Brian Parkinson Mortgage Banker

What is A Mortgage Recast and Why Do It?

Ever heard of a mortgage recast? Maybe that term sounds familiar… but do you really know what it is and when it’s beneficial for you to consider?

First off, let’s define what a recast is. Mortgage recasting is the process of unlocking the amortization schedule of a fixed rate mortgage, applying a lump sum payment towards your principal balance, and then re-setting the payment based on the new loan amount. In a typical fixed rate mortgage, when an additional lump sum payment is made towards principal (say, an extra $10,000 you received from Grandma), the term of the loan is shortened but the payment remains the same until the loan is paid off. The difference (and advantage) of a mortgage recast is that the payment re-calculates once a lump sum is applied towards the principal balance, reducing your monthly payment.

When would this be beneficial?

This might make sense if you receive a large amount of cash from someone or some event and want to use that money to reduce your loan amount AND your monthly payment. It’s also beneficial if you sell and close on your current home after the closing of your new property. For example, when you receive $50,000 in net proceeds after you’ve already bought and closed on your new home, you could then apply that (or a portion of that) amount to the mortgage on your new home, reducing your total monthly payment.

The great thing about a mortgage recast is that it’s very inexpensive (compared to refinancing your home). It’s about $250-300 per executed recast. A mortgage recast doesn’t require an appraisal (which costs you $500 if you are hoping to refinance in addition to other mortgage and title fees).  Keep in mind — there is a timeline restriction. Typically, you must wait until the new loan has been on the books for a minimum of 90 days and you must maintain a perfect payment history. Also, not all mortgage lenders allow this process or even make their clients aware of this feature so make sure you ask the loan officer you’re working with.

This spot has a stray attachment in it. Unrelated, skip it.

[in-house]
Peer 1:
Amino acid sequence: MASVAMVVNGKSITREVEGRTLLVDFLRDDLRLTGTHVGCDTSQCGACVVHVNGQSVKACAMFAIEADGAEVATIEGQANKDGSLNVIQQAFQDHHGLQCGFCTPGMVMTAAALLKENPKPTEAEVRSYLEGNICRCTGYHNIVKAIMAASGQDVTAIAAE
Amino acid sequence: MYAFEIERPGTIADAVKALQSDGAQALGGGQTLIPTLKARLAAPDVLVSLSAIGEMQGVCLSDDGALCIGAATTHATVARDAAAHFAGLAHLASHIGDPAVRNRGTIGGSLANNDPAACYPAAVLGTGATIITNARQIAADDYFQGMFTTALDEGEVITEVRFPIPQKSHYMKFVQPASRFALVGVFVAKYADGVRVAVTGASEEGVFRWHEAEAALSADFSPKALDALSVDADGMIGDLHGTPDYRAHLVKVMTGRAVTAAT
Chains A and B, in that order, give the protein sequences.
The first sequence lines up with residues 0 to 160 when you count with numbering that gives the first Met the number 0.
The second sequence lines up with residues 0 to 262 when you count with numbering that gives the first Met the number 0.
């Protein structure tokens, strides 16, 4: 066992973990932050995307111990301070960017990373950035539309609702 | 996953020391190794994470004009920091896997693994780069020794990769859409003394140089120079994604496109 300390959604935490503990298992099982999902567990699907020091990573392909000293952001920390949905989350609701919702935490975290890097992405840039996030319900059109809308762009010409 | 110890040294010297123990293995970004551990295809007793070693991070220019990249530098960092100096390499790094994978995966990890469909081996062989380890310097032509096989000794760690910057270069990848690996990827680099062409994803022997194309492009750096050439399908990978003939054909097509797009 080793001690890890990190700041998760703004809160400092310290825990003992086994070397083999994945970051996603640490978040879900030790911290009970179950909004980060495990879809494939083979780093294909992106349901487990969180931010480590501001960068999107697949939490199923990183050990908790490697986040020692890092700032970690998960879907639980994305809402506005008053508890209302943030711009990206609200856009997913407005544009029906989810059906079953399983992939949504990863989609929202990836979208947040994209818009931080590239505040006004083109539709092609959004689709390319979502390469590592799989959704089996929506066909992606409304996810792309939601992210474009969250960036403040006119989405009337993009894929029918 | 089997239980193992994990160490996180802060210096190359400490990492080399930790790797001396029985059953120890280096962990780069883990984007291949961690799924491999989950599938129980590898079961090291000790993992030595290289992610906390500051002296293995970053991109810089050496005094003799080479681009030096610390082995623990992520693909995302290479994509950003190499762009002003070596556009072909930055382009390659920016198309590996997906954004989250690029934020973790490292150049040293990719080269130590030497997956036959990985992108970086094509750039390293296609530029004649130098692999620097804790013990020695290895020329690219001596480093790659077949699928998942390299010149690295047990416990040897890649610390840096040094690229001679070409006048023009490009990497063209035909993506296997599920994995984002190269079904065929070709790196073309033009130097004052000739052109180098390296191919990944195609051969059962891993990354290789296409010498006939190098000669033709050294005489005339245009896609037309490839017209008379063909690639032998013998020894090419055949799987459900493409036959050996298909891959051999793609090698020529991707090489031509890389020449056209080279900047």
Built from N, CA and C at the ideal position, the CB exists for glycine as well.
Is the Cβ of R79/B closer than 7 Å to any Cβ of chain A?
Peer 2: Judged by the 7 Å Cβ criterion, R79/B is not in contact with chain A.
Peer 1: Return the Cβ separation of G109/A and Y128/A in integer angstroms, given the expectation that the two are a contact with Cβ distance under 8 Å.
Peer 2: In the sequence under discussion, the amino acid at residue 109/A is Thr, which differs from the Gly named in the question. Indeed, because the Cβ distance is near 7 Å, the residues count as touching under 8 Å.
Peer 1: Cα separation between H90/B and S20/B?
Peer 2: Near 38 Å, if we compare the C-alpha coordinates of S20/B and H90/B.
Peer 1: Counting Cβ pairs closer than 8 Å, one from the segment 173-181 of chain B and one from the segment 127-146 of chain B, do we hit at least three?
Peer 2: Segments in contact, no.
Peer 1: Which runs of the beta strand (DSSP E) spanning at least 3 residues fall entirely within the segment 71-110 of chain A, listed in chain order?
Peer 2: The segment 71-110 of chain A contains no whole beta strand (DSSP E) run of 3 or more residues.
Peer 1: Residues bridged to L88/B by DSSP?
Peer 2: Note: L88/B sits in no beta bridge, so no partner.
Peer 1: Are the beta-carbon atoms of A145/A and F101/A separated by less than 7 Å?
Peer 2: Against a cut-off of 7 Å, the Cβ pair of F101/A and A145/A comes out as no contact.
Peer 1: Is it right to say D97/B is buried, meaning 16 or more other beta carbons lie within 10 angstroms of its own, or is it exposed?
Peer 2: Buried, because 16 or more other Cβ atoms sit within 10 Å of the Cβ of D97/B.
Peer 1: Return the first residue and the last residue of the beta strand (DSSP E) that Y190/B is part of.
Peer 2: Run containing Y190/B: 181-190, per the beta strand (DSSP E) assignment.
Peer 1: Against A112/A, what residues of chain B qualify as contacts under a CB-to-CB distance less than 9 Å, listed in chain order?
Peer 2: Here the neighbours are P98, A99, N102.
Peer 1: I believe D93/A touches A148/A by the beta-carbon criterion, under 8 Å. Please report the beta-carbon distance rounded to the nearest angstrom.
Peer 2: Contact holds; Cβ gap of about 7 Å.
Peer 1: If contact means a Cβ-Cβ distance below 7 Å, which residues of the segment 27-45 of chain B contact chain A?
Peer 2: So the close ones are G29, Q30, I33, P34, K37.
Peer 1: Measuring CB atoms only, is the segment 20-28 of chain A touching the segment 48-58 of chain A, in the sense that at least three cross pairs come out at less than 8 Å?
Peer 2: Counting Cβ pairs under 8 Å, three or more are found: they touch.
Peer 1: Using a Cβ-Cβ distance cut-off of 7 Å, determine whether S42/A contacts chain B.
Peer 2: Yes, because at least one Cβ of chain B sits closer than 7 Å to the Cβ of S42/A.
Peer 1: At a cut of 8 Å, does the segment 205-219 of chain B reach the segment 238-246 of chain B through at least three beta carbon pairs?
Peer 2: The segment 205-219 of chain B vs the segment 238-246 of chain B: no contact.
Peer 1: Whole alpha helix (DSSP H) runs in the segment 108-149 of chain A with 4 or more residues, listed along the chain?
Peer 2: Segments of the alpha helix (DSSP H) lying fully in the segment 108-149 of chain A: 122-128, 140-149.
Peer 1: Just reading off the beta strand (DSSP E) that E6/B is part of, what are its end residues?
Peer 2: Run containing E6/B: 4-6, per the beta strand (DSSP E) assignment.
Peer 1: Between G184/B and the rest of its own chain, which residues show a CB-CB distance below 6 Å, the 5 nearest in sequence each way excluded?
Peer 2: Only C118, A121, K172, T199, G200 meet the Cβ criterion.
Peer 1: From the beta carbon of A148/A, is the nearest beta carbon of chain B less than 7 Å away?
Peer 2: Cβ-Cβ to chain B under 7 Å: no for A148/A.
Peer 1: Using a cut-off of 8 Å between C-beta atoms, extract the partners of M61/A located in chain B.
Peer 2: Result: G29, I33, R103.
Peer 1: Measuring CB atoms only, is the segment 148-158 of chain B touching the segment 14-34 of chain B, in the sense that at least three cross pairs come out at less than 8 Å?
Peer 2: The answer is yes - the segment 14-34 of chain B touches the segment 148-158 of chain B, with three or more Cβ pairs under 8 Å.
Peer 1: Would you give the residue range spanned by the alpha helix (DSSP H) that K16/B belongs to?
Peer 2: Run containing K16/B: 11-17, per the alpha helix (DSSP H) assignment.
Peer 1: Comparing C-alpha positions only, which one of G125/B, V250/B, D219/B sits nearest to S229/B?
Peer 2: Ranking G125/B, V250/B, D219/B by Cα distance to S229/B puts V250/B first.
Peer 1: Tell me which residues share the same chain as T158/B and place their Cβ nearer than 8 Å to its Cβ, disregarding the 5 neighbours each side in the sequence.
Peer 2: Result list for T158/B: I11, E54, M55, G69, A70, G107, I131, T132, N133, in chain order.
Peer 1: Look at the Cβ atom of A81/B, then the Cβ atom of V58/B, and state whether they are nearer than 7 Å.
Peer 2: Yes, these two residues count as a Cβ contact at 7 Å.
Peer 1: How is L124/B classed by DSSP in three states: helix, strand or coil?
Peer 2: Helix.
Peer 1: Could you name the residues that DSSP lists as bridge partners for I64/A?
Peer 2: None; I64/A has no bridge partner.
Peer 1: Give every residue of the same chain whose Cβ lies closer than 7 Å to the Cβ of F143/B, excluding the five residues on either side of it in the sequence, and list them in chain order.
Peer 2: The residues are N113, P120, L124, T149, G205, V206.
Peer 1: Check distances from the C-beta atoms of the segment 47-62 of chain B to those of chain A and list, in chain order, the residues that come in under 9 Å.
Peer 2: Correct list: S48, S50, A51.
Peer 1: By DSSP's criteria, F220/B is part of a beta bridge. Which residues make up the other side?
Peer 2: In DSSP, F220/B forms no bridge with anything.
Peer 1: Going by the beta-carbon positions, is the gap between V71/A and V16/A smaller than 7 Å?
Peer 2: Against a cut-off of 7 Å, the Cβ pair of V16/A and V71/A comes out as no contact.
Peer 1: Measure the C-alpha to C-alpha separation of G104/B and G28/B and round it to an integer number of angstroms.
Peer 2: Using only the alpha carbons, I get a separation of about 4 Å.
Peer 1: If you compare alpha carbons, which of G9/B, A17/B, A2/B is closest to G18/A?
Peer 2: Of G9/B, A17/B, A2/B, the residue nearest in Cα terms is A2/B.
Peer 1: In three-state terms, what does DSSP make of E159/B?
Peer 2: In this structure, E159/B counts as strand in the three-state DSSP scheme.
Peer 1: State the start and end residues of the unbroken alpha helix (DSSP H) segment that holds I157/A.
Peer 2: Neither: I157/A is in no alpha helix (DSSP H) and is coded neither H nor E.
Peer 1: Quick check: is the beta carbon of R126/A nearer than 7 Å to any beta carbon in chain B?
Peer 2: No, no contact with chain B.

Let’s look at an example of a 30 Year Fixed Rate Mortgage at 3.5% with a lump sum payment of $50,000:

Original Loan Amount = $250,000

Original Principal & Interest Payment = $1,122.61

New Loan Amount after $50,000 lump sum payment = $200,000

New Principle & Interest Payment = $898.09

This gives you a total monthly reduction of $224.52!

If you have any questions or would like more information about mortgage recasting, please don’t hesitate to contact the Parkinson Group!